• Later geologists have added still more rings, including the step at 320 km, which now makes the original(?) Montes Rook the "third" ring in the basin (Spudis et al., 1984). This innermost ring (or step) does not seem to have a name.
  • It should perhaps be noted that on most photos, the geologist's Outer Rook ring is clearest on the east side of the basin, and the Inner Rook ring is clearest in the west (largely in shadow in the example shown above).
  • In the new (but so far unofficial) USGS Digital Atlas, Montes Rook is identified partially with the 655-km ring and partially with the 480-km ring illustrated above. See, for example, the farside PDF and the details in LAC-90 and LAC-108. The southern and eastern sides of Montes Rook are identified with the 655-km ring, but the western and northern sides are identified with the 480 km ring. This interpretation seems to be based on NASA's LMP-1 and LMP-2, which also identifies the northern part of Montes Rook with the 480 km inner ring. Like the USGS Digital Atlas, this DMA-prepared LMP map series was intended to illustrate the IAU nomenclature, but it is not an official IAU document. Hence it is not known if the IAU name Montes Rook is intended to encompass both the 480 and 655 km rings, just the one illustrated here (the 655 km one), or portions of both.
  • The most recent description of the Orientale Basin nomenclature would seem to be that of Baum and Whitaker (2007), who say in the footnotes (p. 135):

  • The mare is defined by three concentric ring structures; the outer, the Montes Cordilleras ([sic]), has a diameter of 930km; the inner rings are the Outer and the Inner Montes Rook, which have diameters of 620 and 490km respectively.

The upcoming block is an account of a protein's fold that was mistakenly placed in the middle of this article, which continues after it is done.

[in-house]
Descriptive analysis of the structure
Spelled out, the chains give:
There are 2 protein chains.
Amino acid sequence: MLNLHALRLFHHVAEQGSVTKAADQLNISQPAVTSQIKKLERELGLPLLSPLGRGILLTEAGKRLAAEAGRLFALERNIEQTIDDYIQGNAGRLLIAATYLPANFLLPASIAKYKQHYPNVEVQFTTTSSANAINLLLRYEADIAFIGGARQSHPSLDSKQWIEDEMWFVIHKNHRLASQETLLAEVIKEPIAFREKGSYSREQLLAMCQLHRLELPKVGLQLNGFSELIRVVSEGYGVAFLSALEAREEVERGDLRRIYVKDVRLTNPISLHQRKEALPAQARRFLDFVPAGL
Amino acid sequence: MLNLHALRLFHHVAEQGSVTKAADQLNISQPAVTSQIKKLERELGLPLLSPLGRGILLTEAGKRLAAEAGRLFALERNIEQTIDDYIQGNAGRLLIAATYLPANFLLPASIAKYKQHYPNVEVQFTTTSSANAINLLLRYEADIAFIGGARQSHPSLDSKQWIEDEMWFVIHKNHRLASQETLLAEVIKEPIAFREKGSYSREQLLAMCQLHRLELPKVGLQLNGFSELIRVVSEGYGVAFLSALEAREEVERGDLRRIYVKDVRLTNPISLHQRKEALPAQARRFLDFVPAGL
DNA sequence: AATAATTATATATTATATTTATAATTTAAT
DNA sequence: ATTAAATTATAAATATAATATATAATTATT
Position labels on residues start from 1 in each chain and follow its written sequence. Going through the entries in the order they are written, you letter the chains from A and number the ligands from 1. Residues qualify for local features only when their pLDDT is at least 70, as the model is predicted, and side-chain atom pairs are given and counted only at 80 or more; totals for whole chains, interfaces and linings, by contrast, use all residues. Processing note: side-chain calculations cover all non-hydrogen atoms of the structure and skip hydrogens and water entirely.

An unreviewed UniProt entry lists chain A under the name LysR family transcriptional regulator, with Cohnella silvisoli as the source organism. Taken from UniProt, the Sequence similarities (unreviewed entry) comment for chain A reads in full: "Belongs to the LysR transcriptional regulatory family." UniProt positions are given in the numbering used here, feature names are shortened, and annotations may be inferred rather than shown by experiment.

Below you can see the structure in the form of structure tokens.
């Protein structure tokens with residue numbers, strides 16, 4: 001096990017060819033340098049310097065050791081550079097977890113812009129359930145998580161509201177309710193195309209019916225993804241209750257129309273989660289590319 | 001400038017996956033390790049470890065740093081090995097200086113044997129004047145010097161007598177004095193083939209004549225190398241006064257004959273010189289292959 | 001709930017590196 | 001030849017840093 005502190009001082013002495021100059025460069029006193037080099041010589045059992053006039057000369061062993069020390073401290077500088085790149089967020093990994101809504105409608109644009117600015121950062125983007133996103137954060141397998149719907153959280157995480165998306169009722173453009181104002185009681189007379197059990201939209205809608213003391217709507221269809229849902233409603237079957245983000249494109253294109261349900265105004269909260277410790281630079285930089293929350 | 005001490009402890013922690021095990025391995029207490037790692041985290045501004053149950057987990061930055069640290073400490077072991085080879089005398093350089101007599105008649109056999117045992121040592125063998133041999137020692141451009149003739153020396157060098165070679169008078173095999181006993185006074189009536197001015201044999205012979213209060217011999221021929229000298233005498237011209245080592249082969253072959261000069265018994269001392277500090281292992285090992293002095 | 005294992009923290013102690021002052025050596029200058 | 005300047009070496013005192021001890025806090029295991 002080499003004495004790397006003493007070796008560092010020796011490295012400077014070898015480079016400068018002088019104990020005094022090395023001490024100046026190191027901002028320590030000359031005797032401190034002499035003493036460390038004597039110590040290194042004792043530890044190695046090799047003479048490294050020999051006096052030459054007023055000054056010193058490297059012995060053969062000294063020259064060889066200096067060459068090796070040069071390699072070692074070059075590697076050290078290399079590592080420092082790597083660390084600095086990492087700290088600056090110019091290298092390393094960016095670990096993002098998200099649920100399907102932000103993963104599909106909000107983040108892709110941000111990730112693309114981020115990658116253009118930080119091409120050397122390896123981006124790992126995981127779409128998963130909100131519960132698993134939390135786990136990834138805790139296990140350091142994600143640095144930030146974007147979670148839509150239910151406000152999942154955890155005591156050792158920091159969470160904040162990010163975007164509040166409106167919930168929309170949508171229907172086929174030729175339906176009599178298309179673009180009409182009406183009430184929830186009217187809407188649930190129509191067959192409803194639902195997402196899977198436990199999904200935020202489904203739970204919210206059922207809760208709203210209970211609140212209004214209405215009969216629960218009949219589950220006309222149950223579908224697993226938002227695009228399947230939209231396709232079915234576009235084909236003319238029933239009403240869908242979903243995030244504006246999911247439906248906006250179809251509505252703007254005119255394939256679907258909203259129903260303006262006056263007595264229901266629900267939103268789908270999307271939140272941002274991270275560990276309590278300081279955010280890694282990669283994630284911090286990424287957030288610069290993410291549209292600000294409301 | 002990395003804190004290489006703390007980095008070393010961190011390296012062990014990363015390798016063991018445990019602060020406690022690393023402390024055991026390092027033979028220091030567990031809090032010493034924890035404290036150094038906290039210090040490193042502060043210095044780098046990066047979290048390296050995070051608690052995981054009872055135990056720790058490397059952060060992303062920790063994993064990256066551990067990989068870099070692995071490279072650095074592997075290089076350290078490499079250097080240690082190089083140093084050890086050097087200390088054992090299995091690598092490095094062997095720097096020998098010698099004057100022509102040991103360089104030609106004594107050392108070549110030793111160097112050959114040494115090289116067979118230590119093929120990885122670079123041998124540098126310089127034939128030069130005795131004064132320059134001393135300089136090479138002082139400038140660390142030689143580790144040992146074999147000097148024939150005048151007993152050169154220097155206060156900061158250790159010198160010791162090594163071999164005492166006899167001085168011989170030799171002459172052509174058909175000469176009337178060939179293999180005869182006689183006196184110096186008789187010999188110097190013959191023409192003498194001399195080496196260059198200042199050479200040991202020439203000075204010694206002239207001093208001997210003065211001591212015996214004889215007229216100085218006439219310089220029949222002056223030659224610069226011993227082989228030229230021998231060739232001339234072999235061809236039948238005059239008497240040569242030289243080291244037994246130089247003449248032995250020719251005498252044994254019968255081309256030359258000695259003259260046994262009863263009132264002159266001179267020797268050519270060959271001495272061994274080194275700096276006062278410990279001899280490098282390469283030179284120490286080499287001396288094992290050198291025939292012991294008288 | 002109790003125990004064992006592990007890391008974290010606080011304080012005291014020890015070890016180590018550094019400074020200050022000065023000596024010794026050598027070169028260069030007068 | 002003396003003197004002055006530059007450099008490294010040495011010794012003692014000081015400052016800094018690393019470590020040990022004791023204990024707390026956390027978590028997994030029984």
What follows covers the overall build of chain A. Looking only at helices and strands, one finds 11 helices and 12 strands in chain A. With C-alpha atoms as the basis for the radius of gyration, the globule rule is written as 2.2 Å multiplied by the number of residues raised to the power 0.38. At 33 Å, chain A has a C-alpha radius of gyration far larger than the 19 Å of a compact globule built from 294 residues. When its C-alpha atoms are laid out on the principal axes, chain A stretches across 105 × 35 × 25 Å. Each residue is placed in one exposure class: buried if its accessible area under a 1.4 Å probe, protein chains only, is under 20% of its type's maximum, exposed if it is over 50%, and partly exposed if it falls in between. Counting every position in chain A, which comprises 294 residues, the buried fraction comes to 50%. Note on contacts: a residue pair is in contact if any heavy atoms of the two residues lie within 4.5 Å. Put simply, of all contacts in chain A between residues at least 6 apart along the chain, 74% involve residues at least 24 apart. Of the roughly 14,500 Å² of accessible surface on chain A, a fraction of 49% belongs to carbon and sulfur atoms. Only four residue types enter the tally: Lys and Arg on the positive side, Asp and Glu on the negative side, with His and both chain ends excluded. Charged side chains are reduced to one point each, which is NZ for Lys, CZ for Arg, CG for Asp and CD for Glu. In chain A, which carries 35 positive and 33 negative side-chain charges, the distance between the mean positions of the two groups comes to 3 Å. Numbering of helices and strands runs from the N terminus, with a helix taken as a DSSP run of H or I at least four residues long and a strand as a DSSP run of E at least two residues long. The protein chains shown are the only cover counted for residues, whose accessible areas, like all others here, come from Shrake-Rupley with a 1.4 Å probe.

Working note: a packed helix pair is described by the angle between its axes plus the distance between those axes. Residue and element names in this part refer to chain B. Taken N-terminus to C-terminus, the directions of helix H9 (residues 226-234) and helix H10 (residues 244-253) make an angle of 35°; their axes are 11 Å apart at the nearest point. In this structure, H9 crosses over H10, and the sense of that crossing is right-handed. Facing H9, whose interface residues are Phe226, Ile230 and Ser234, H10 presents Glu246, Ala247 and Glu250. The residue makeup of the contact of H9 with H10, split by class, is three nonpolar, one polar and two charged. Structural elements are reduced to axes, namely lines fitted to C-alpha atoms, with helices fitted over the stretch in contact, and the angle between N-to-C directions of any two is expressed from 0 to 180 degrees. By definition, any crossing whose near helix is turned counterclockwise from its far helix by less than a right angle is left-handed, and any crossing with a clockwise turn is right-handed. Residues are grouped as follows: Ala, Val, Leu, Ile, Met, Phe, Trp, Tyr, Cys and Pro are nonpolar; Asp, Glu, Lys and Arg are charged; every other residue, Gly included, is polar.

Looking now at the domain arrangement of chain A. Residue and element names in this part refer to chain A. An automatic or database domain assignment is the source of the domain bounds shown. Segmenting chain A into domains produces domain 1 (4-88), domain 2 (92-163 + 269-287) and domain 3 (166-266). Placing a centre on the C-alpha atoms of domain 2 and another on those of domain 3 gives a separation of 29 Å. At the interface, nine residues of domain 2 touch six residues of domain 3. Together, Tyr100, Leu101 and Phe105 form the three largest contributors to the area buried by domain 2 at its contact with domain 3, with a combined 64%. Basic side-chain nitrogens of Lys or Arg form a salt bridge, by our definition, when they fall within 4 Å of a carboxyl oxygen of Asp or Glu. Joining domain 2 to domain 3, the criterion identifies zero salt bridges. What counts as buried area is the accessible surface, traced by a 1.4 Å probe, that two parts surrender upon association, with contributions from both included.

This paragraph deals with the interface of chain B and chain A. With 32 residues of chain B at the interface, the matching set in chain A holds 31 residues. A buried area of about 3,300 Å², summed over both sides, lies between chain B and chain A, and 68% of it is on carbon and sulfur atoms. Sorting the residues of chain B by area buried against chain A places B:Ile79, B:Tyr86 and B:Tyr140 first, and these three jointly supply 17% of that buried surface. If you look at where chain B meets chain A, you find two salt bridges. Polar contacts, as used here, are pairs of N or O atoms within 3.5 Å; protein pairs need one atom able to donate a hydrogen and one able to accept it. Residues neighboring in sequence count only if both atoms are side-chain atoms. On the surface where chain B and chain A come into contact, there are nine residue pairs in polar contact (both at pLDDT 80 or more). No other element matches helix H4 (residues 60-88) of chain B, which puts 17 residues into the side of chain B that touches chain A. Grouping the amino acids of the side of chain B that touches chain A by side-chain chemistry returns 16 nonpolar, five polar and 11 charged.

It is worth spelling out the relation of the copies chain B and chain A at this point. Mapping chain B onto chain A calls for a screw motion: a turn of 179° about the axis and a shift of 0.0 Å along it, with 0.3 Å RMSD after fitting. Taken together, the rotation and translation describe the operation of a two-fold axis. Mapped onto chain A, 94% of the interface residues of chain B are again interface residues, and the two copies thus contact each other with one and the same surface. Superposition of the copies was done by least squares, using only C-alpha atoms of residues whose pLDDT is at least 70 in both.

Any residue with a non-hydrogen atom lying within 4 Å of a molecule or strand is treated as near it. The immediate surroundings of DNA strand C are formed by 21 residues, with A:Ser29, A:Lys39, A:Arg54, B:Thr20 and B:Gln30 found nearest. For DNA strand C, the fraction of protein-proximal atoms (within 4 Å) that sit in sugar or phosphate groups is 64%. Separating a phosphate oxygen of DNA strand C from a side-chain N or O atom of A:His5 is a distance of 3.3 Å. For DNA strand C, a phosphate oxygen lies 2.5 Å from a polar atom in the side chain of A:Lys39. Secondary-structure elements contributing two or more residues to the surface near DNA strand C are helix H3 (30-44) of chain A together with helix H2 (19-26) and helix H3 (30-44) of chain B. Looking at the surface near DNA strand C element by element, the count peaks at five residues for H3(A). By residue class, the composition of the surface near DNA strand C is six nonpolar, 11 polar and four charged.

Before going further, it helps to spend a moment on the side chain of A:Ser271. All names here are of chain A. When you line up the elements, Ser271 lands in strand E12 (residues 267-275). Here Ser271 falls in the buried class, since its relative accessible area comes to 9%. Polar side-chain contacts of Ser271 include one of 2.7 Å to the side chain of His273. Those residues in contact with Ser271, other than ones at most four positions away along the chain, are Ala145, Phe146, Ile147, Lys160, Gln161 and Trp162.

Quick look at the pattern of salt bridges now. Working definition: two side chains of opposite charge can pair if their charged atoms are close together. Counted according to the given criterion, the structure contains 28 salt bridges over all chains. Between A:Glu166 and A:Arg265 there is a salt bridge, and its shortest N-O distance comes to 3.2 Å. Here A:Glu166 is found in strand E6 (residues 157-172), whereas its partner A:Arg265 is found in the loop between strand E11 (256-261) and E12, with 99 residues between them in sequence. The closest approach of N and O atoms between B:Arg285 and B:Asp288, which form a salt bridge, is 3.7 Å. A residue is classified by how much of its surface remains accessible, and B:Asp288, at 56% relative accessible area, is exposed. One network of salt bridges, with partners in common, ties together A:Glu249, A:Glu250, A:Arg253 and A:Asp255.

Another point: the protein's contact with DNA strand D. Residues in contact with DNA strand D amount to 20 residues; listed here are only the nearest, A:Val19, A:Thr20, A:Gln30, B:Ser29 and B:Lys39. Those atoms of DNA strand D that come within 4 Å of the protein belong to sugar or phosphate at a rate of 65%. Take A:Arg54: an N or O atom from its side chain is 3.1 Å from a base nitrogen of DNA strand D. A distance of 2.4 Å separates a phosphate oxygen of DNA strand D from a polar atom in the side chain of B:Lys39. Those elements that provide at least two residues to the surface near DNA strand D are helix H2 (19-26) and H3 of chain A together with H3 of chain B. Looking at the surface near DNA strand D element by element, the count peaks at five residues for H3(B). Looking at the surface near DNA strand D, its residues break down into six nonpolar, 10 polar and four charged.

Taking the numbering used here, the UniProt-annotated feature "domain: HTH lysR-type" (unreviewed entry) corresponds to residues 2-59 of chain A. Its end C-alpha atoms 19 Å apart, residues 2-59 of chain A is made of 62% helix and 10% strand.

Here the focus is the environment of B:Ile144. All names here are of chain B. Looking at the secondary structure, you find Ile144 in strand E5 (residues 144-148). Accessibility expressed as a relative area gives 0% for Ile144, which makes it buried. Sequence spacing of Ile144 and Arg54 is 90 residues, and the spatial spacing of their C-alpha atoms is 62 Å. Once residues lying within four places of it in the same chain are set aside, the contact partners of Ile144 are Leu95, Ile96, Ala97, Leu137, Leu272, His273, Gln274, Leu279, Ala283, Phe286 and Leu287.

• (see the Montes Cordillera page): If the offical IAU nomenclature has Rook Mountains as the 655 ring only, then the IAU is about 40 years behind science in recognizing that there are two Rook rings. The best understanding of the nature and position of the Inner and Outer Rook Mountains comes from the geologists (USGS, Univ of AZ and Brown Univ) who studied and mapped them in detail. - tychocrater Oct 30, 2007
  • I think the best way to understand this is that both rings constitute the Rooks Mountains, which are subdivided by geologists into an Inner Rook ring and an Outer Rook ring. There is no reason for the Inner and Outer names to be official IAU name. There is no issue here to be resolved. - tychocrater
  • Called "Montes ROCK" on Rand McNally's greenish colored Moon map (a typographical error!). - DannyCaes May 3, 2008

LPOD Articles

(see Mare Orientale for a collection of LPOD articles depicting and discussing Montes Rook and the Inner and Outer Rook Rings)
An Overlooked Gem